Australia is going through one of its toughest periods throughout the entire COVID-19 pandemic. Generally recognised as having one of the best responses to COVID-19 all around the world, case numbers are now soaring to record numbers and we are approaching nearly 6 weeks in a hard lockdown. However, to the ire of most Australians, we have seen several anti-lockdown protests over the last few weeks, with the potential to be ‘super-spreaders’ of COVID-19 like we have not seen before in this country. As the protesters marched in the name of supposed ‘freedoms’, police were outnumbered and unable to stop the protests. With over 3,500 people attending the protests in Sydney alone, it posed the question: how has anti-lockdown sentiment spread so quickly through Australian society? The answer: social media. While Facebook and Twitter have been around for a while and have seen the spread of some anti-lockdown sentiment, there is a new ‘superspreader’ on the digital battleground: TikTok.
Over 2.5 million Australians regularly use the short video app and that number continues to grow. This has given many amateur creators the chance to communicate with the world through sixty-second video snippets. However, given that these creators are not verified, this has also resulted in an increased spread of misinformation on these platforms. This was first evident with misinformation around vaccines, where videos and audio tracks that circulated around TikTok were seen to contribute to ‘vaccine hesitancy’ all around the world, according to researchers in London who track misinformation. However, we are now seeing it in Australia with anti-lockdown videos.
Over the last few weeks, I have seen hundreds of videos on my feed promoting an anti-lockdown culture. Many of these videos are created by young people, disgruntled at having their ‘freedoms’ stripped away from them by the government and needing to comply with stay-at-home orders. But why are we seeing so many of these videos?
The simple answer is because TikTok wants us to. Platforms like TikTok promote shareability and virality above any form of truth. The longer the viewer spends looking at a particular video or the more the video gets shared, the more likely that the video will end up in other people’s feeds.
Sharing Amplifies Misinformation
Often when scrolling through a TikTok feed, the only thing concerning users is how amusing the content is. This becomes a problem when misinformation is at play. Users share or “amplify” content which is often misinformed because they think it is funny or “ironic.” As videos are so short, there is no room for nuance or thought, it’s just a quick, easy-to-follow simple share. Because of the nature of TikTok’s “For You” page (which tailors content to the user based on their previous viewing activity), if you share an anti-lockdown video or even linger on protest videos for long enough, you will soon see more and more in your feed. This then creates a vicious cycle where creators end up being rewarded for posting anti-lockdown content with high views and engagement.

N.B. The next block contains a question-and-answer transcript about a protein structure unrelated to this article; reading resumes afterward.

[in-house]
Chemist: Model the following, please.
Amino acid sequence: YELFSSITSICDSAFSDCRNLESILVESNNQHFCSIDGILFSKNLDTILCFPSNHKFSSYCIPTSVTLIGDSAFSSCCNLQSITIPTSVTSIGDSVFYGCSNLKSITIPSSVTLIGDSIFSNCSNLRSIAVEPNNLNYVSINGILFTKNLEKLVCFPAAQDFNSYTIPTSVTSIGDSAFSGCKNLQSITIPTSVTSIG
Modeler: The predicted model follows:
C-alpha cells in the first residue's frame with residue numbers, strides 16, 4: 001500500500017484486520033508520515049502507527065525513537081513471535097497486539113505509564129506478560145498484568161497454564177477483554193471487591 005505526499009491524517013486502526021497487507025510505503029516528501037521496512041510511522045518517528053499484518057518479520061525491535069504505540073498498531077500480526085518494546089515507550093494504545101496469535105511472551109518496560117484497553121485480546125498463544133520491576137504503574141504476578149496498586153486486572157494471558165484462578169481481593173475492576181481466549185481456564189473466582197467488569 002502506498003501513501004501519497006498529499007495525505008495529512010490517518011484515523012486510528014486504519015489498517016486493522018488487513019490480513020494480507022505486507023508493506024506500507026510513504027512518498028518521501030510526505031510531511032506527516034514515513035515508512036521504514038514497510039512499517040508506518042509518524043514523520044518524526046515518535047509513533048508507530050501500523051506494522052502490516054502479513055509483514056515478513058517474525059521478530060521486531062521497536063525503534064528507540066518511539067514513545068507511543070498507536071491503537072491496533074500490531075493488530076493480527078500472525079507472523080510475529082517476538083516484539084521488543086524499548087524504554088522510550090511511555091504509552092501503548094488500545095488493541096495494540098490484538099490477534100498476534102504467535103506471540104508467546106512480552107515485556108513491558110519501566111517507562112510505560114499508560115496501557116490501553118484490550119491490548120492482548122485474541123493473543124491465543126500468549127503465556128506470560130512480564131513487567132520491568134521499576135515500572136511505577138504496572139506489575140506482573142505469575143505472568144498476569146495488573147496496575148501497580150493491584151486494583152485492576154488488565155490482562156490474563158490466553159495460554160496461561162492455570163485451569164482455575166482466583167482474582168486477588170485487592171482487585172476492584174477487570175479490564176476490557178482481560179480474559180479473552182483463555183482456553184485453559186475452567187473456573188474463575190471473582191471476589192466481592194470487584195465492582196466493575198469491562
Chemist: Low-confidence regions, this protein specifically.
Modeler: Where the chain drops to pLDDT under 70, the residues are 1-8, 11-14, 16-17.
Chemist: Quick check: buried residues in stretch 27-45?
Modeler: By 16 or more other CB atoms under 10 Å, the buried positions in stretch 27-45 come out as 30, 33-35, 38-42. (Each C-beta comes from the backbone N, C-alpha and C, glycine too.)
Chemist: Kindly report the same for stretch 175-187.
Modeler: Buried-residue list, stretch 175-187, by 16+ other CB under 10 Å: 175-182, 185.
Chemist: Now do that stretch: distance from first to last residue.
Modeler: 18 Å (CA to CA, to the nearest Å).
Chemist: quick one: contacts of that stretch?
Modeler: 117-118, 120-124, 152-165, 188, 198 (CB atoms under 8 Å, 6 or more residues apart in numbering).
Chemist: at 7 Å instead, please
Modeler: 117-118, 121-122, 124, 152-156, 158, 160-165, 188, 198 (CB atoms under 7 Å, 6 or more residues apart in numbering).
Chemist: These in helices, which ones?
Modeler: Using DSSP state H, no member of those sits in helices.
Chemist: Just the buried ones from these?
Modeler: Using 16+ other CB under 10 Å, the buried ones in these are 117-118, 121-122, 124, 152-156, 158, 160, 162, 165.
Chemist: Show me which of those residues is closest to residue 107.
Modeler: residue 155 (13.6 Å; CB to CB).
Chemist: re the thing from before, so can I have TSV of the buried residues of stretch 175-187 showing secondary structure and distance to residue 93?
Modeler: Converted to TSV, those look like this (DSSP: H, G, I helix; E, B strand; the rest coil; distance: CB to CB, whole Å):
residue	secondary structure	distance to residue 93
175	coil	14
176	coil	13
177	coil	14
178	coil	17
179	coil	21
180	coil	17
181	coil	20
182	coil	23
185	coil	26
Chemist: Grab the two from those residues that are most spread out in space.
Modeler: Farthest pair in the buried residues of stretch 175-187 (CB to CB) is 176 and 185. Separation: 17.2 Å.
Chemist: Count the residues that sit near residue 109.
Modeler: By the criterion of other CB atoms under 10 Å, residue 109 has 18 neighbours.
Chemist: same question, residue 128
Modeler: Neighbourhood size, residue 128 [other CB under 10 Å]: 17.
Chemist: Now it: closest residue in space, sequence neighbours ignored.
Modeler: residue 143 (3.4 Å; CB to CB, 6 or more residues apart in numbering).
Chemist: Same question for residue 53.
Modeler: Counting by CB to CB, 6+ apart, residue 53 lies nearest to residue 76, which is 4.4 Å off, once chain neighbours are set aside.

TikTok has been urged by regulatory bodies to clamp down on the spread of misinformation and has taken some small action, removing about 1000 videos for misinformation over a six month period. They have also put automatic warning banners for misinformation on some videos, in order to allow users to make their own educated decisions about the quality of the content. However, this is simply insufficient. In a highly fragmented digital landscape, people often respond well to content that has been liked and shared by a large number of people. They may think that because other people have endorsed it, that it must be credible. On TikTok the endorsement of content by other people holds even more weight to the user because it reflects their own ‘filter bubble.’ If ‘like-minded’ thinkers have endorsed the content, then it must be especially credible.
Lack of Regulation
While there are regulatory bodies that monitor social media such as the Australian Communications and Media Authority (ACMA), it is largely ineffective for dealing with fast-moving social media platforms, where content is difficult to isolate for analysis due to the sheer volume of content on the platform. “There is currently no broad regulation of online misinformation in Australia,” says a spokesperson for the ACMA. This means users need to regulate their own social media habits. That is easier said than done.
People can also be drawn to rule-breakers. Whether it is criminals, celebrities acting out or protestors on TikTok, we become interested in people who break the rules, even if it is far removed from our own daily lives. But this interest feeds into the TikTok algorithm and pushes this content further than many of its creators could even imagine. For young people, this is especially important to remember. The next time you see a piece of anti-lockdown content that seems amusing, think before sharing it. And everyone needs to be aware of social media’s new battleground. It’s a completely different war now. It’s time to take note of TikTok.
This report by Kiran Gupta, a 2021 Polis/LSE Summer School student who is studying media/law at Sydney University.
The views in this article are those of the author and do not necessarily reflect the views of Polis or the LSE